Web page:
for the head-coaching job after Steve Mariucci was
fired; Ravens defensive coordinator Mike Nolan,
the son of former 49ers head coach Dick Nolan; Titans
offensive coordinator Mike Heimerdinger, who could
come in an attractive package deal with well-regarded
defensive coordinator Jim Schwartz.
Randy Moss is almost sure to be fined for pretending
to moon fans in Green Bay during a playoff win,
according to NFL rules.
The league is looking into the star receiver's antics
in Minnesota's 31-17 win over the Packers on Sunday
and will announce its ruling later this week.
When asked whether the oft-fined Moss would be penalized
again, a league spokesman recited NFL rules mandating
discipline for "obscene gestures or other actions
construed as being in poor taste."
A fine for the first offense under those guidelines
is $5,000. Moss has not previously been fined for
such action, but he paid a $25,000 penalty in 1999
for squirting an official with a water bottle.
On Sunday, Moss caught a touchdown pass in the fourth
quarter and headed toward the goalpost. He then
turned his back to the Lambeau Field crowd, bent
over and pantomimed pulling down his pants.
"Just having a little fun with the boys,"
Moss told a Fox reporter as he left the field. "I
hope I don't get in trouble by it, but if I do I'll
take the heat."
Indianapolis coach Tony Dungy said Moss' action
was "kind of humorous."
"It's not the kind of thing you want to see
on national TV, but I understand what it was all
about," Dungy said. "Anyone who has played
in the NFC Central knows what that's about. The
fans in Green Bay have a tradition in the parking
lot after the game where they moon the visiting
team's bus. It's kind of a unique send-off.
"I had seen it seven times because when I was
with the Vikings, we lost to them seven times up
Running back Moe Williams might have to miss the
Vikings' playoff game at Philadelphia on Sunday
with a sprained right ankle. Moss also has a sprained
ankle, but he is expected to play.
• Rick Neuheisel, former University of Washington
coach, is scheduled for a second interview this
week for the Baltimore Ravens' offensive coordinator
job. Neuheisel interviewed last week and is one
of several candidates to replace Matt Cavanaugh.
The Ravens released offensive-line coach Jim Colletto
• The 49ers, searching for a coach to replace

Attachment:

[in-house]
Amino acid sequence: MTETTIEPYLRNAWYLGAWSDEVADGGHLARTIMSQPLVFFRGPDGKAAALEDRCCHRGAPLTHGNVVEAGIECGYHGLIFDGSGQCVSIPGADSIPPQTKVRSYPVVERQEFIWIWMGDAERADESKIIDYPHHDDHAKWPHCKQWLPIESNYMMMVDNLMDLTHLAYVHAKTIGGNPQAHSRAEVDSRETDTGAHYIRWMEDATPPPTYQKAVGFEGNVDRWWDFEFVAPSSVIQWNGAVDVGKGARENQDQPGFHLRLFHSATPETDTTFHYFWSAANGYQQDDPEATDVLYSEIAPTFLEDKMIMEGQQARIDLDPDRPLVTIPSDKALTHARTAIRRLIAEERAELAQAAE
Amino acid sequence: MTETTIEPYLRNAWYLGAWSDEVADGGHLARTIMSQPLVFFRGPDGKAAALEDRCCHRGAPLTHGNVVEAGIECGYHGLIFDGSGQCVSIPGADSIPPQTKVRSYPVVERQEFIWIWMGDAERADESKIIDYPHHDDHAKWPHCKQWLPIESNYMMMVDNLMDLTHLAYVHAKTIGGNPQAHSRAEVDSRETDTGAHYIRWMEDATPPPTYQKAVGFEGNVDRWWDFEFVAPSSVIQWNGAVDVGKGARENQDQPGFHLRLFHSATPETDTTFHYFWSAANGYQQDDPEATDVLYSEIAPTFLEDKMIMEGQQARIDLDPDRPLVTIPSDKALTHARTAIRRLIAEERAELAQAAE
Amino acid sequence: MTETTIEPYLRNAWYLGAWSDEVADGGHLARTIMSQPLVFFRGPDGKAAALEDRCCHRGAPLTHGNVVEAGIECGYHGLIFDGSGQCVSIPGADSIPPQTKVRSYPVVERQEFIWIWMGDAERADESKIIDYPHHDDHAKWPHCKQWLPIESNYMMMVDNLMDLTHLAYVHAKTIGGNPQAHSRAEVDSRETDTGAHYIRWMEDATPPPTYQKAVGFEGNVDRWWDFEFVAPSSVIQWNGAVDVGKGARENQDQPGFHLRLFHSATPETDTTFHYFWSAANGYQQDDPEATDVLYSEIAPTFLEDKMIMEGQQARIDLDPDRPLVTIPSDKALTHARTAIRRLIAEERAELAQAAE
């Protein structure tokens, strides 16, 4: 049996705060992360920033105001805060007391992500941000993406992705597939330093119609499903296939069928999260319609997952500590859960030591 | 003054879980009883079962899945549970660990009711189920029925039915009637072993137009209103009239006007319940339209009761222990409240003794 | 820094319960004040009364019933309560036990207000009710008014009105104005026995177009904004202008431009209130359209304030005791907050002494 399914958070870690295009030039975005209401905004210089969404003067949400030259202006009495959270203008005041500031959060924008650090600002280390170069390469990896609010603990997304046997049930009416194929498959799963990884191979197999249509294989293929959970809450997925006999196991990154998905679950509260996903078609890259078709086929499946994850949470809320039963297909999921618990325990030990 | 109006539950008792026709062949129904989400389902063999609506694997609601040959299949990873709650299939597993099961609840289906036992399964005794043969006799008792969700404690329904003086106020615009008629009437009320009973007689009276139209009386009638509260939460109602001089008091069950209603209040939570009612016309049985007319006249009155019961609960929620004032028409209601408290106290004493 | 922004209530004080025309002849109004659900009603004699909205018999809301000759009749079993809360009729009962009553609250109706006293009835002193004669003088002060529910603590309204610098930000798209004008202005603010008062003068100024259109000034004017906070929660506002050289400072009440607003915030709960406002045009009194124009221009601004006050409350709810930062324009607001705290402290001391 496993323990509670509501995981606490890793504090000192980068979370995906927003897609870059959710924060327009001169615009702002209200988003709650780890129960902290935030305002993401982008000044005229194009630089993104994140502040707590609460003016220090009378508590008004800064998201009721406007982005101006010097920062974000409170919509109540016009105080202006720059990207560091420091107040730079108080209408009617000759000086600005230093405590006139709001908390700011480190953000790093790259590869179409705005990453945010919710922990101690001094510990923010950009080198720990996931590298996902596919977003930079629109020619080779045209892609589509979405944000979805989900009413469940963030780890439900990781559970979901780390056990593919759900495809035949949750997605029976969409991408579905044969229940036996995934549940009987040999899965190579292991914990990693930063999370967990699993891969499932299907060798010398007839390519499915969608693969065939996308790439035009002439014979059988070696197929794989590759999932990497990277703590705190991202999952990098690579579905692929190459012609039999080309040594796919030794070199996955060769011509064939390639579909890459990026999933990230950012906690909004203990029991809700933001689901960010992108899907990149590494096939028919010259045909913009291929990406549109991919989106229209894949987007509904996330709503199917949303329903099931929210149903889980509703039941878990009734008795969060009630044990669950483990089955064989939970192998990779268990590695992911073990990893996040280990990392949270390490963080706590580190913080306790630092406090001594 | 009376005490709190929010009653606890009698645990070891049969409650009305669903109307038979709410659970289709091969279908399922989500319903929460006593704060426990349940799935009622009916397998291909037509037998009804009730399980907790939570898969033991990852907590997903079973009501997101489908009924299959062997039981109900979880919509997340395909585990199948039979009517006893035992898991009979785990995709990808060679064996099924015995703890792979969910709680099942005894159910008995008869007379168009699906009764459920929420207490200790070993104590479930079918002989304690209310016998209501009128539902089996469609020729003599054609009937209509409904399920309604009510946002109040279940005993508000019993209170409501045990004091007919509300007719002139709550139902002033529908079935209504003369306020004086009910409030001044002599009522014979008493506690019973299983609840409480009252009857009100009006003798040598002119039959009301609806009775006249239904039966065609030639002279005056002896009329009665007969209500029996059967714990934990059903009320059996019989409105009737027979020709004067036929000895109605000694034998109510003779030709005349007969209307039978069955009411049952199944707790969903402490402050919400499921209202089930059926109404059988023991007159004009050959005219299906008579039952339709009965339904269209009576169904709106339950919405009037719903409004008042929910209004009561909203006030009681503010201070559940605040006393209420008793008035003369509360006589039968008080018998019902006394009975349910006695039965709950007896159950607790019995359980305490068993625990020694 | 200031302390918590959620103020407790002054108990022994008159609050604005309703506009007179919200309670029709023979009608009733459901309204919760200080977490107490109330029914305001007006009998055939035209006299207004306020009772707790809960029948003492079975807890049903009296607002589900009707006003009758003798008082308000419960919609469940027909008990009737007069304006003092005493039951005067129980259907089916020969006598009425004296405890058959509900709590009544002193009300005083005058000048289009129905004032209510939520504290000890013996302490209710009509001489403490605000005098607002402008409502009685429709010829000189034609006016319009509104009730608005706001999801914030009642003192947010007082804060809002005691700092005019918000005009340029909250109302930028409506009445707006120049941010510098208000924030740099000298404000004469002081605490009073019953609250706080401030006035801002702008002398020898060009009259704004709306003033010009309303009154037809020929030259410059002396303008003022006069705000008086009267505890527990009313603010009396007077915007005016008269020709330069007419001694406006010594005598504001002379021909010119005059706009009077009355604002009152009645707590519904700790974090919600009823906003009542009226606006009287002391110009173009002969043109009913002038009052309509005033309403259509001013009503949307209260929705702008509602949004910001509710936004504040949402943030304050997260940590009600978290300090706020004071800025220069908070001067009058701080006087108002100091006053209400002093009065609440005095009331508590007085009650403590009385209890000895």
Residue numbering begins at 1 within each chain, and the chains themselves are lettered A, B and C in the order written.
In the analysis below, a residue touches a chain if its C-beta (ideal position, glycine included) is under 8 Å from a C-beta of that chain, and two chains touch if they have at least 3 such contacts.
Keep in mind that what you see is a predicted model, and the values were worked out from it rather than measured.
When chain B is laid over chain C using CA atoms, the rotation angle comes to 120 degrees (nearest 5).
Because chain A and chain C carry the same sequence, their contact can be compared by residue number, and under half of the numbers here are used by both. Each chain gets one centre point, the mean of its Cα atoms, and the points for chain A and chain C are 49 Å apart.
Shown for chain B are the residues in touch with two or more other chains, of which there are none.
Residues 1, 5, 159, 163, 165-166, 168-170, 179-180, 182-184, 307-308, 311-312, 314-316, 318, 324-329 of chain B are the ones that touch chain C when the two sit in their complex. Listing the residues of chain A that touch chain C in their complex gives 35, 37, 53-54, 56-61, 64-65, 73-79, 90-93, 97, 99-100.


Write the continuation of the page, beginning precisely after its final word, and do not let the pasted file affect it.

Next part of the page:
fired Dennis Erickson, will have interviews this
week with Tennessee offensive coordinator Mike Heimerdinger
and Tim Lewis, defensive coordinator for the New
York Giants. Owner John York has already interviewed
New England defensive coordinator Romeo Crennel
• Terry Robiskie, interim coach of the Cleveland
Browns, met with team owner Randy Lerner, president
John Collins and general manager Phil Savage in
New York yesterday to interview for the position
that became open when Butch Davis resigned. Robiskie
is the fourth candidate interviewed by the Browns,
joining Crennel, Philadelphia offensive coordinator
Brad Childress and Pittsburgh offensive-line coach
• Jim Bates, the Miami Dolphins' interim
coach for the final seven games this season, said
he'll seek work elsewhere rather than remain with
the team as an assistant to new coach Nick Saban.
When Dave Wannstedt resigned as coach in November,
Bates was promoted from defensive coordinator and
led Miami to three wins.
• The Dolphins will rename Pro Player Stadium
Dolphins Stadium and begin a three-phase renovation
funded by owner Wayne Huizenga. The Dolphins have
played in the facility since 1987, when it was named
Joe Robbie Stadium after the team owner who built
it. Huizenga had no success in finding a new naming-rights
sponsor since Pro Player was bought out five years
ago. The sports apparel company had signed a 10-year,
$20 million deal with the Dolphins in 1996.
• The Patriots signed CB Hank Poteat, less
than a week before their playoff game against the
Indianapolis Colts. The Patriots' secondary has
been hit by injuries all season. Ty Law missed the
last nine games and went on injured reserve last
week; Tyrone Poole has been out since September;
safeties Eugene Wilson and Randall Gay also have
spent time on the injury list.
• A month before thousands of fans arrive
in Jacksonville, Fla., for the Super Bowl, a county
judge ruled the city's ban on drinking alcohol in
public is unconstitutional.
Enjoy This weeks matchups
Folks – Now Get Back To Work……….
Weekend Stud - Reggie Wayne
I'll say this for Reggie Wayne:
He is now the MAN in the Indi offense. Sure
they have Harrison, and Clark, and Pollard
and Stokley, but Wayne is the guy consistently
doing it for them this year. Watch out for
this guy vs the Pats.
On Football Writer Ray Monohan is an NFL analyst with
10+ years of experience covering the NFL. He provides
a great perspective on the NFL with player and team insight
unmatched in the NFL football betting industry.